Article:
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Lypo-Spheric Studies and Resources

Bansal SS, Goel M, Aqil F, Vadhanam MV, Gupta RC, (2011), "Advanced Drug-Delivery Systems of Curcumin for Cancer Chemoprevention," Cancer Prev Res (Phila). May 5.

Liposomes used to improve delivery of curcumin
Liposomal delivery greatly improves bioavailability of orally administered curcumin. The authors conclude that liposome encapsulation can provide an effective means to bypass the bioavailability problems that restrict or prevent the oral use of many therapeutic agents.


Since ancient times, chemopreventive agents have been used to treat/prevent several diseases including cancer. They are found to elicit a spectrum of potent responses including anti-inflammatory, antioxidant, antiproliferative, anticarcinogenic, and antiangiogenic activity in various cell cultures and some animal studies. Research over the past 4 decades has shown that chemopreventives affect a number of proteins involved in various molecular pathways that regulate inflammatory and carcinogenic responses in a cell. Various enzymes, transcription factors, receptors, and adhesion proteins are also affected by chemopreventives. Although, these natural compounds have shown significant efficacy in cell culture studies, they elicited limited efficacy in various clinical studies. Their introduction into the clinical setting is hindered largely by their poor solubility, rapid metabolism, or a combination of both, ultimately resulting in poor bioavailability upon oral administration. Therefore, to circumvent these limitations and to ease their transition to clinics, alternate strategies should be explored. Drug delivery systems such as nanoparticles, liposomes, microemulsions, and polymeric implantable devices are emerging as one of the viable alternatives that have been shown to deliver therapeutic concentrations of various potent chemopreventives such as curcumin, ellagic acid, green tea polyphenols, and resveratrol into the systemic circulation. In this review article, we have attempted to provide a comprehensive outlook for these delivery approaches, using curcumin as a model agent, and discussed future strategies to enable the introduction of these highly potent chemopreventives into a physician's armamentarium. Cancer Prev Res; 4(8); 1158-71. ©2011 AACR.

Gropper SS, Smith JL, Groff JL, (2009), Advanced Nutrition and Human Metabolism, West Publishing Co. p 313.

Vitamin C [non-liposomal] bioavailability decreases with dose size
As dose size increases, bioavailabiity decreases dramatically. The authors express this finding by stating that 98% of a 20 mg oral dose of [non-liposome-encapsulated] vitamin C is bioavailable (enters the bloodstream) whereas only 16% of a 12,000 mg dose does so.

Gerster H, (1987), Human vitamin C requirements, Z Ernahrungswiss. Jun;26(2):125-37.

Bioavailability of [non-liposome-encapsulated] vitamin C
Based on previous recommended daily allowance (RDA) studies by the National Institutes of Health, author suggests that a 200 mg daily intake of vitamin C is sufficient to provide tissue saturation. By implication, any additional vitamin C would not be used or bioavailable. He does also suggest that smokers and those in disease states may have a higher requirement for vitamin C. [NOTE: Hickey & Roberts (2004) debunk the flawed nature of these NIH studies]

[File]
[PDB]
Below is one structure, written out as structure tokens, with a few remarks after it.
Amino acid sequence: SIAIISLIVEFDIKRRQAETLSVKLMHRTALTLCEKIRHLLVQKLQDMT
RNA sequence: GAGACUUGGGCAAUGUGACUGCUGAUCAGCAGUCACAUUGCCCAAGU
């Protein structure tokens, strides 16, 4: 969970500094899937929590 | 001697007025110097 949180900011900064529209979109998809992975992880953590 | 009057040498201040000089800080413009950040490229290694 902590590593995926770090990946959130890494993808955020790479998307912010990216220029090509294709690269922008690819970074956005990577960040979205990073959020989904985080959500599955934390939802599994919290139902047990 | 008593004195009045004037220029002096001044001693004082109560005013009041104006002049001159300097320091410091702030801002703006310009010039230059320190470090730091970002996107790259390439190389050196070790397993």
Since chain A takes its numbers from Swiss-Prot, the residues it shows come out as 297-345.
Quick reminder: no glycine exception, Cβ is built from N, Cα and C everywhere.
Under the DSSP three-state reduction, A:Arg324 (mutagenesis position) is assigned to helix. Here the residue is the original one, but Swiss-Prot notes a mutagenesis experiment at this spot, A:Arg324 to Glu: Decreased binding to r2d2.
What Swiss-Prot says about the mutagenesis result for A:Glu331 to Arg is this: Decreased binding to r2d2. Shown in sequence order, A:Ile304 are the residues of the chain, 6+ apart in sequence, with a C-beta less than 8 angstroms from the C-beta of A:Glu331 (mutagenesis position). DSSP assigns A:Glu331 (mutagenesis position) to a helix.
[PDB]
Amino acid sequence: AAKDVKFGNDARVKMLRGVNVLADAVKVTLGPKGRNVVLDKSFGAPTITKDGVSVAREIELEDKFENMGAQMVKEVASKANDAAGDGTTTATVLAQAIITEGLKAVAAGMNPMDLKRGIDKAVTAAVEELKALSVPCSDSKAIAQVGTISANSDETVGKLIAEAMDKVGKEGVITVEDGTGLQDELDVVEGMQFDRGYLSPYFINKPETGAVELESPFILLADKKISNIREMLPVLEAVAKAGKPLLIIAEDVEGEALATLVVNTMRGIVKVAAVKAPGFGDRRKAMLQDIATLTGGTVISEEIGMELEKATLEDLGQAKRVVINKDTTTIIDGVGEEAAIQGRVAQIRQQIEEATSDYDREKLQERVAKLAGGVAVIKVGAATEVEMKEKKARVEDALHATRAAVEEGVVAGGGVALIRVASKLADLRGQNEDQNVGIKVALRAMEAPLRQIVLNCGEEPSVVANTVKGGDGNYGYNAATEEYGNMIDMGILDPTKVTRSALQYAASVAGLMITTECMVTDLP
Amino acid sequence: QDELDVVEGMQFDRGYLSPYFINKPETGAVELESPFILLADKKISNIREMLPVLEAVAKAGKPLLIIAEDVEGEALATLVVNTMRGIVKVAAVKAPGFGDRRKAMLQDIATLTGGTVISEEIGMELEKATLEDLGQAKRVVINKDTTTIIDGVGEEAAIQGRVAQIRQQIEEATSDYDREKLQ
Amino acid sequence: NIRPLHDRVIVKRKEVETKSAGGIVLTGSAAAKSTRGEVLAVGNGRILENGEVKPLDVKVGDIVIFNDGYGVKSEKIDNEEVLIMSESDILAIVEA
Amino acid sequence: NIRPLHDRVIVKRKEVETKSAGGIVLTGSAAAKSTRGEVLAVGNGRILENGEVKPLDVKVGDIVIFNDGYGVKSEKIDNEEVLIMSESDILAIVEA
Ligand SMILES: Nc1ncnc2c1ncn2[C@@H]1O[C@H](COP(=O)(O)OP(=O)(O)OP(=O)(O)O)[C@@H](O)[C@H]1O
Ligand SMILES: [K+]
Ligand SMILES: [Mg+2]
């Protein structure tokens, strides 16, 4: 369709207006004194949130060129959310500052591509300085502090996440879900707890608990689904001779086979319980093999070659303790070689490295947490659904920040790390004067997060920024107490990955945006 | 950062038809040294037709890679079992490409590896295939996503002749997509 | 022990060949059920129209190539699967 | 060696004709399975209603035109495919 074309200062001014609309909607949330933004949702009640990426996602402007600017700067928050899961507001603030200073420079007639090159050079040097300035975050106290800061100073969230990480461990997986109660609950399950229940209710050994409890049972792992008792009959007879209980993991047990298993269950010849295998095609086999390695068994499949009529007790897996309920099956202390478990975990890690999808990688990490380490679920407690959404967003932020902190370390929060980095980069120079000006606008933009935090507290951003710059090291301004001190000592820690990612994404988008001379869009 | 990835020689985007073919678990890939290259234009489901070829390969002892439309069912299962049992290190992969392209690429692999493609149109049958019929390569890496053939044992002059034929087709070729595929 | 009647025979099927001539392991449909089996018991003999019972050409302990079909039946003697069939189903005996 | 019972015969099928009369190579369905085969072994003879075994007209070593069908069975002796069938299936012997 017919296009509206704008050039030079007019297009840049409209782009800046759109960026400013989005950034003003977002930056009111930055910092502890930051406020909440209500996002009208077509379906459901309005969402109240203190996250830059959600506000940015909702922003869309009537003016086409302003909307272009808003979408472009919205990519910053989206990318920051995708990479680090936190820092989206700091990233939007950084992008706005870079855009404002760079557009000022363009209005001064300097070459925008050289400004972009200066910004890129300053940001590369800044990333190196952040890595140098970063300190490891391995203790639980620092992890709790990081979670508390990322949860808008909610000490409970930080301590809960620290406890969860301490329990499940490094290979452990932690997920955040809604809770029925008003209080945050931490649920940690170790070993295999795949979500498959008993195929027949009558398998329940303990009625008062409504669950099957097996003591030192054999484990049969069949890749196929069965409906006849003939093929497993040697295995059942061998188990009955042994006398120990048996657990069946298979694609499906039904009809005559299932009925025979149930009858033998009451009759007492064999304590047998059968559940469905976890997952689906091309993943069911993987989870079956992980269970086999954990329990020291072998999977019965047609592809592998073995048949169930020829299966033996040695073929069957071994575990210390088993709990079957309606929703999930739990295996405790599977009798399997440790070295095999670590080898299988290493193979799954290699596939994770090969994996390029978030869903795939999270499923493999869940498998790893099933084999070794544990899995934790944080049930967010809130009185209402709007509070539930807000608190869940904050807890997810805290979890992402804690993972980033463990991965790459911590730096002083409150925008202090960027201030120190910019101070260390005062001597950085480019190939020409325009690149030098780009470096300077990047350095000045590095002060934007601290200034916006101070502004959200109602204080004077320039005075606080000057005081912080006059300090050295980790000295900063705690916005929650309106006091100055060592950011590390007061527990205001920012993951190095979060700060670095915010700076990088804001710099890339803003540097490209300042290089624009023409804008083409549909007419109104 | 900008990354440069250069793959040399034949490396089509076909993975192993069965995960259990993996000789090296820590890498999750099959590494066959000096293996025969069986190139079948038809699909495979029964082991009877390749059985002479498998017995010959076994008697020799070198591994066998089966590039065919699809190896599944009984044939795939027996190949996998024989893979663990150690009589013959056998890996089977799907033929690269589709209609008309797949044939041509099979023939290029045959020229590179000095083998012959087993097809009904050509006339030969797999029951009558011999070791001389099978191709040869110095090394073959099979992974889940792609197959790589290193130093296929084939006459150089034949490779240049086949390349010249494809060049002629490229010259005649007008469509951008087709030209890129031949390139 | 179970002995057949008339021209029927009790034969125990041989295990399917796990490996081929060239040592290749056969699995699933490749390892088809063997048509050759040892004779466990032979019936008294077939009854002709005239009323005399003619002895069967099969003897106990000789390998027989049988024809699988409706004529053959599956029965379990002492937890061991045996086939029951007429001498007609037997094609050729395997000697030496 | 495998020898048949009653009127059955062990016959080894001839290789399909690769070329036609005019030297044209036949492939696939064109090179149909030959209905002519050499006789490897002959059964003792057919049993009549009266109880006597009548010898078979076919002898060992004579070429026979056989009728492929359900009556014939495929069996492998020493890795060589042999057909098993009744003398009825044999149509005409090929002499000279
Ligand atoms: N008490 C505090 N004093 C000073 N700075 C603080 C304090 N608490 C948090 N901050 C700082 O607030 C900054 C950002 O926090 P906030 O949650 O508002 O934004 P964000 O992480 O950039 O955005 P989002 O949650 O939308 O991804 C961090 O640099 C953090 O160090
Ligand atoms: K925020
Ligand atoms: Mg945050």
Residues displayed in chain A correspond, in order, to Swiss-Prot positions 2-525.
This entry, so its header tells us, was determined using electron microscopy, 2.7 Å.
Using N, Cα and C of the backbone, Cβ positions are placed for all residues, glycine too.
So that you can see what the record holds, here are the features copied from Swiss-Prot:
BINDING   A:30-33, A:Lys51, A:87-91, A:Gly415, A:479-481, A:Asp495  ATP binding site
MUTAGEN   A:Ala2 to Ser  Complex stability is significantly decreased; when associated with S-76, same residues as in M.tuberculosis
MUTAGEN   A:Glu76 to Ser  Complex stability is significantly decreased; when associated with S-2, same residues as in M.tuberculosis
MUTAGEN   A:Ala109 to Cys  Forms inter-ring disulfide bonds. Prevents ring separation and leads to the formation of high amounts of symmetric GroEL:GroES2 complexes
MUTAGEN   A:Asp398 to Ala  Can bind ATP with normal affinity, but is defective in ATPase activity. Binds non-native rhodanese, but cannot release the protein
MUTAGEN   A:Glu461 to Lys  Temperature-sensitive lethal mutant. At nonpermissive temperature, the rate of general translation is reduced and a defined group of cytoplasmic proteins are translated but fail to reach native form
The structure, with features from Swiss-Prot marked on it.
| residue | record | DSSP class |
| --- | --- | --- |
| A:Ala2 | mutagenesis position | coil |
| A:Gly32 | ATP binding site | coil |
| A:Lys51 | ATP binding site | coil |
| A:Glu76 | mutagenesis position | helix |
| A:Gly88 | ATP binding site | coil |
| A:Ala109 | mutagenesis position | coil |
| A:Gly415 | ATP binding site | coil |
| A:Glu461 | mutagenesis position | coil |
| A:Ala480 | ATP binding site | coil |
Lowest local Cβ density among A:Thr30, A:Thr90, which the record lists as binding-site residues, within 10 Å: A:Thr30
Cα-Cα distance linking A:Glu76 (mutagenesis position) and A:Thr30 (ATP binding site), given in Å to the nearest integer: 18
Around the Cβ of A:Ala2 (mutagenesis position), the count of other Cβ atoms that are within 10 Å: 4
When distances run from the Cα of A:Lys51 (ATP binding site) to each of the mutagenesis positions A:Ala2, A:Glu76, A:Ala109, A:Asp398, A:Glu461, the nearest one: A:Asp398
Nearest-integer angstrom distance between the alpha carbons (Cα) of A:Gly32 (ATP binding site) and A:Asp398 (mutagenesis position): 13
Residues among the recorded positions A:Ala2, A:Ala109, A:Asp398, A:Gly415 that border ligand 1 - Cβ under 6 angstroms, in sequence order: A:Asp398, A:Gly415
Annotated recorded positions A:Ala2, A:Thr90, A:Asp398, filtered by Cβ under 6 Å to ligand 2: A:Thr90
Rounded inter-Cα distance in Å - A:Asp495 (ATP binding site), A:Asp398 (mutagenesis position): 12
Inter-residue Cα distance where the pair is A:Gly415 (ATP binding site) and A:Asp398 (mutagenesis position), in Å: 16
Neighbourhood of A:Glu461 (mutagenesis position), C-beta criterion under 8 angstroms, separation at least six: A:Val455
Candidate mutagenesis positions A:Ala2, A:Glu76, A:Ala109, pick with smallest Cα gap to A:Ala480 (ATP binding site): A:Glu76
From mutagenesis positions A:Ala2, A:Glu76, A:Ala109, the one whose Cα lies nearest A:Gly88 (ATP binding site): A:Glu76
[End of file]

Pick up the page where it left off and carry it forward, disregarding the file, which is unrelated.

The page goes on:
The importance of vitamin C is reflected in its multifunctional roles which include participation in collagen and carnitine syntheses, promotion of iron absorption and the more recently discovered participation in noradrenaline synthesis, inactivation of free radical chain reactions, prevention of N-nitroso compound formation and more. Given the many extra-antiscorbutic functions of the vitamin, the Recommended Dietary Allowances (RDA) should not just prevent deficiency disease but should aim at providing sufficient amounts for all vitamin C-dependent functions to operate at full capacity. The concept of vitamin C tissue saturation is best able to meet this demand. The use of kinetic models has shown that the body pool is saturated with a daily intake of 100 mg vitamin C in non-smokers and 140 mg in smokers, amounts that may be regarded as optimal RDA values. Certain disease states may be accompanied by still higher vitamin C requirements but the exact amounts are not yet known.


Hickey S., Roberts H, Miller N, (2008), "Pharmacokinetics of oral vitamin C" Journal of Nutritional & Environmental Medicine July 31.

Liposome-encapsulated vitamin C dramatically increases blood levels
Authors found that a liposome-encapsulated vitamin C nearly doubled bioavailability over that thought possible from studies published by the National Institutes of Health. 


Purpose. To test whether plasma vitamin C levels, following oral doses in supplemented volunteers,
are tightly controlled and subject to a maximum in the region of 220 mM L
, as suggested by previous
researchers for depleted subjects. To determine plasma levels following single, variable-sized doses of
standard and liposomal formulations of vitamin C and compare the effects of the different
formulations. To determine whether plasma levels above ,280 mM L
, which have selectively killed
cancer, bacteria or viruses (in laboratory experiments), can be achieved using oral doses of vitamin C.